Down the EU's Right-to-Be-Forgotten Rabbit Hole
Telecom regulators from each European Union member state, together with the Article 29 Working Party -- a group comprised of a data protection authority representative from each state, the European Data Protection Supervisor, and the European Commission -- have invited search engines to a meeting next week, according to a Thursday report in The Wall Street Journal.
Microsoft, which just started fielding link removal requests to Bing, plans to attend. It is not clear if Google or Yahoo will be there, although both companies have said they will cooperate with privacy officials.
Effectiveness In Doubt
A number of issues have cropped up over how Google has dealt requests spawned by the new policy since it started taking them in May. It began to remove certain links from search results last month.
Google's decision to remove search results only for localized versions of its search engine -- for instance, its UK, France and German sites -- and not for the worldwide search engine puts the effectiveness of the link-removal approach in doubt, according to CNIL, France's privacy body.
Google has been criticized for the way it informs websites when it removes links from search results, since it's possible to pinpoint the person who made the request as a result. Google also has faced claims of censorship for removing links to newspaper articles.
"The core concern for the EU right now seems to be the scope of the implementation of the requests," Derek E. Bambauer, associate professor of law at the University of Arizona's James E. Rogers College of Law, told TechNewsWorld.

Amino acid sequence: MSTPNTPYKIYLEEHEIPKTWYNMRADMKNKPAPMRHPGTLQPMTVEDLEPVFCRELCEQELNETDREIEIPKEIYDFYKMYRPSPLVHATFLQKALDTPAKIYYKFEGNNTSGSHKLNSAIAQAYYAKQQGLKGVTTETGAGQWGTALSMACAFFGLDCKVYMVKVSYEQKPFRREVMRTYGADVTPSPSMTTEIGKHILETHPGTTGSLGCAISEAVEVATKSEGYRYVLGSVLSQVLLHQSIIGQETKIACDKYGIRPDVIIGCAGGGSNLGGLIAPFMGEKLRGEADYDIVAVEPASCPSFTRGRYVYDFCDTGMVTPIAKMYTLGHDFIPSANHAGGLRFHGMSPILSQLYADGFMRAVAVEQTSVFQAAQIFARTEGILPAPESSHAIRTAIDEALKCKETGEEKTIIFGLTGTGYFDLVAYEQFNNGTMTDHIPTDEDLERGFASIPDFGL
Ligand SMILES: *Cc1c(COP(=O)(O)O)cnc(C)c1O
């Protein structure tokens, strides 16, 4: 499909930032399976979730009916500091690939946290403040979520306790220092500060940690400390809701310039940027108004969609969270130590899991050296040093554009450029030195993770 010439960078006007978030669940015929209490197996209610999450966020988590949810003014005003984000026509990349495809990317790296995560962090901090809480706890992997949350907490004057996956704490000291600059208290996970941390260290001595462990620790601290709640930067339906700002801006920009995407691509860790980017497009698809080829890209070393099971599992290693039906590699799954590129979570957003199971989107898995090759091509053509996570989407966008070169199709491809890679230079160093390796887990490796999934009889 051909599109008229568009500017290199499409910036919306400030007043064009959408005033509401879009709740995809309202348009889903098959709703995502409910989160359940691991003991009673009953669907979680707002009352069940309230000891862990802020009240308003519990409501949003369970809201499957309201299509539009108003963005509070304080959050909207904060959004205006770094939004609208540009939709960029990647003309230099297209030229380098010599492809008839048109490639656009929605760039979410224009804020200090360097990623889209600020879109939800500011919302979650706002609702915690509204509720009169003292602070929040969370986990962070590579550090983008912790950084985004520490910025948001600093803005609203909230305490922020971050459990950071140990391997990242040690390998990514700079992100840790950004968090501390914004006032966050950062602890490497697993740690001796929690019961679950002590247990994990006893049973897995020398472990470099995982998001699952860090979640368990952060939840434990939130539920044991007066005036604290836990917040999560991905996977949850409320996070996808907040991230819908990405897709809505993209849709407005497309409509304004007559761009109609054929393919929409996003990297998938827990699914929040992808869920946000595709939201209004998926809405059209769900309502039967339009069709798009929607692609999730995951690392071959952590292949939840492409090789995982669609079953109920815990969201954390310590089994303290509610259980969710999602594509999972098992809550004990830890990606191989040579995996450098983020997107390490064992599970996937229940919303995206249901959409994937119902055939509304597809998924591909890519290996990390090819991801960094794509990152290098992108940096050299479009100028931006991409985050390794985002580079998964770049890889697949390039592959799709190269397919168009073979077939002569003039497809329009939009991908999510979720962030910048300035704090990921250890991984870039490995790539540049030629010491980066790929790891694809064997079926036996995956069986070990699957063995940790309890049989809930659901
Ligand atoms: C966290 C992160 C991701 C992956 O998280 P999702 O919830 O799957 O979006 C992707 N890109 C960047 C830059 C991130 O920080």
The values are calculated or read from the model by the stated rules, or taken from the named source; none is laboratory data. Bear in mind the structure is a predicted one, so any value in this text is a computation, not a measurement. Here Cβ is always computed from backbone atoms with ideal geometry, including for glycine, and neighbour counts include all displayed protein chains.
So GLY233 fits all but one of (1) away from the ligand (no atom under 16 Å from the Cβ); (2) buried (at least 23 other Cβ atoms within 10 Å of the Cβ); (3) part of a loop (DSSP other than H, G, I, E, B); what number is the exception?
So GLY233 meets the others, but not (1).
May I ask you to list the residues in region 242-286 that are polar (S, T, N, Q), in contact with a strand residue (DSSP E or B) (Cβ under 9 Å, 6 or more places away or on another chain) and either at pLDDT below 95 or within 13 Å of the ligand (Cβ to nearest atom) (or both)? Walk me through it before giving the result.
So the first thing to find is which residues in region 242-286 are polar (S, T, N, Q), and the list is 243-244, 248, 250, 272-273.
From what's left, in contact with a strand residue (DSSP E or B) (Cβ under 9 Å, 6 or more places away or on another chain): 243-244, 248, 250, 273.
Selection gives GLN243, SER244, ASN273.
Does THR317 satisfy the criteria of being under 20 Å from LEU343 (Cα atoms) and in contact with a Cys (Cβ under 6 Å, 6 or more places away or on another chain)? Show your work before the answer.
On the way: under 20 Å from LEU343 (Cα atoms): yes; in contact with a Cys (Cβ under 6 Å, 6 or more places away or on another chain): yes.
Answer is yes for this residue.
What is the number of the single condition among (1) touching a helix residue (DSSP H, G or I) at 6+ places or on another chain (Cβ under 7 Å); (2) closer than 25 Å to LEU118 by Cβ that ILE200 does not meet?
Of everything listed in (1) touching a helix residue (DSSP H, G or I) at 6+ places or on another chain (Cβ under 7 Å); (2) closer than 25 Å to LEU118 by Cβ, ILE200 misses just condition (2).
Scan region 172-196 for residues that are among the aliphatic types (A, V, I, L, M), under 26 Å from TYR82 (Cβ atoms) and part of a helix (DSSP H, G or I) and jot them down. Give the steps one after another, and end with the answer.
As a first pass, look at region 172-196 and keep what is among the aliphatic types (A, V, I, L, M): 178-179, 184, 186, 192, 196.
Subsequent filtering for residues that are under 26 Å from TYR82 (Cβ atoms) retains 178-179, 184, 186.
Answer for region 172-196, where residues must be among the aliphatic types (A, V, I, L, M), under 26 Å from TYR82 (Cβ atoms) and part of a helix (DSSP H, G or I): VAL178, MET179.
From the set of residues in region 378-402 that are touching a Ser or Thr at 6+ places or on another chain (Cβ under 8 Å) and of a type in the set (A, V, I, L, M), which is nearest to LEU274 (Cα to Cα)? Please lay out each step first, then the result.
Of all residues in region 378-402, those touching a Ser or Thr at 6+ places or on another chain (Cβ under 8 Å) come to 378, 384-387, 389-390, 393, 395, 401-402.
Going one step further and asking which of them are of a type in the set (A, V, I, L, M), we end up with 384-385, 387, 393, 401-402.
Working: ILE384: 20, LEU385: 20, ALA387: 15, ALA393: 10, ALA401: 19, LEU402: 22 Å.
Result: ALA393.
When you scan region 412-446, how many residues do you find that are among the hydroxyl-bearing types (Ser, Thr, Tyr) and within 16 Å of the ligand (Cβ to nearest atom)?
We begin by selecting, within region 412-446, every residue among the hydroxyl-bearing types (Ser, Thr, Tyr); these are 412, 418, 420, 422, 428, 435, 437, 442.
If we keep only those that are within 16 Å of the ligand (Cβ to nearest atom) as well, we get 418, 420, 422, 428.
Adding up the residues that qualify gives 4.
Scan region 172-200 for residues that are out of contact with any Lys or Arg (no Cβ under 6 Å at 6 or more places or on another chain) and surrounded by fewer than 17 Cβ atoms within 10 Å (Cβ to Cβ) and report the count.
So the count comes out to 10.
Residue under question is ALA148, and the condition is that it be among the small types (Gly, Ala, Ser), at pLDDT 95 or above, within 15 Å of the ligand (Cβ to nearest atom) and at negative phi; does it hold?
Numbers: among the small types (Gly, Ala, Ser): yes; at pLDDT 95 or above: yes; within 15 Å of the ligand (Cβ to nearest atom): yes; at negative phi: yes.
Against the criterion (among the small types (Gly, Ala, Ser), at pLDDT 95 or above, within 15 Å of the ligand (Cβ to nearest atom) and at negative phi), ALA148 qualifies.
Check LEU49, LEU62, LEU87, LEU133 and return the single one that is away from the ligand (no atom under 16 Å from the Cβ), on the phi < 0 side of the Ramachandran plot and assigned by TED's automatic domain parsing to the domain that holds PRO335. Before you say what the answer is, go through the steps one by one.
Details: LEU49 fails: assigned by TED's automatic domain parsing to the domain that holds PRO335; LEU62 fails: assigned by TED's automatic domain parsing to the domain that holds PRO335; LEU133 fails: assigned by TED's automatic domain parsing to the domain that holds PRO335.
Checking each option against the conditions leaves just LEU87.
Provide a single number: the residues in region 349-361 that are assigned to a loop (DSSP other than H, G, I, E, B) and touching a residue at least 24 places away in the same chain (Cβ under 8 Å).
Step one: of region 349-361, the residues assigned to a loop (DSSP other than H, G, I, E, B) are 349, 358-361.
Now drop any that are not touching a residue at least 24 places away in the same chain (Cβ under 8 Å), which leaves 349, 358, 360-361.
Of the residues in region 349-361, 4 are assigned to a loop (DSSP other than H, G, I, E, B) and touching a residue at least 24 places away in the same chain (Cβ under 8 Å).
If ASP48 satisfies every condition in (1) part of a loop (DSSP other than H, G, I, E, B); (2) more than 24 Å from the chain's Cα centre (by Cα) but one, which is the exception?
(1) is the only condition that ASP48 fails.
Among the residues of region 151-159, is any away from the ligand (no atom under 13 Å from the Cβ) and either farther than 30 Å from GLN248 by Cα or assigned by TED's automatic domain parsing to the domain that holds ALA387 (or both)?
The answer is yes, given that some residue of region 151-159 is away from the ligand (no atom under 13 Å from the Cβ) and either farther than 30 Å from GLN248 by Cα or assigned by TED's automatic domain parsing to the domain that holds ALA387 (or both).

Google's decision to remove links from results in country-specific versions of its search engine, but not from google.com, is problematic, he noted.
"The EU would obviously like its court decisions to be given the broadest possible effect," said Bambauer, while "Google would like to follow those decisions in the EU, but not in the U.S."
Google's response to the EU's demands amounts to "a good compromise," Bambauer continued.
"The EU and the U.S. have starkly different views on the balance between privacy versus freedom of speech. It's important for the EU to be as respectful of U.S. values as it is for the U.S. and firms located here to respect EU views. European views on privacy aren't universal, and it's critical for the EU to avoid overstepping its bounds. The .com versus .fr / .de compromise, while imperfect, tries to find a middle ground," he reasoned.
As for next week's powwow, "I think this qualifies as a 'progress report' meeting, in that the EU wants to know whether companies are properly complying and what they are doing to accomplish the removals," said Charles King, principal at Pund-IT.
"An interesting thing about the EU order was its essentially imperious 'make it so' nature. The companies involved weren't given a lot of guidance as to how to accomplish what was ordered," he told TechNewsWorld.
For its part, Google recently noted that it's had just two months to figure out the challenge of determining how to handle requests and which links it should omit from searches. Considering the fact that it has received more than 70,000 requests related to 250,000 Web pages so far, the task already is proving difficult.
Google employees must check each request manually, and since there have been alleged abuses of the system -- including removal requests from a pedophile, a disgraced politician, and a doctor with poor patient reviews -- each must be diligently examined.
Google has established an expert advisory council to guide it in determining which content to remove links to as the process evolves.
"The key concern for search engines handling link removals is the sheer volume of requests," said Keith Hylton, a law professor at Boston University.
"The volume may become unmanageable for the major search engines," he told TechNewsWorld.
"I believe that the company is doing what it can," said Pund-IT's King.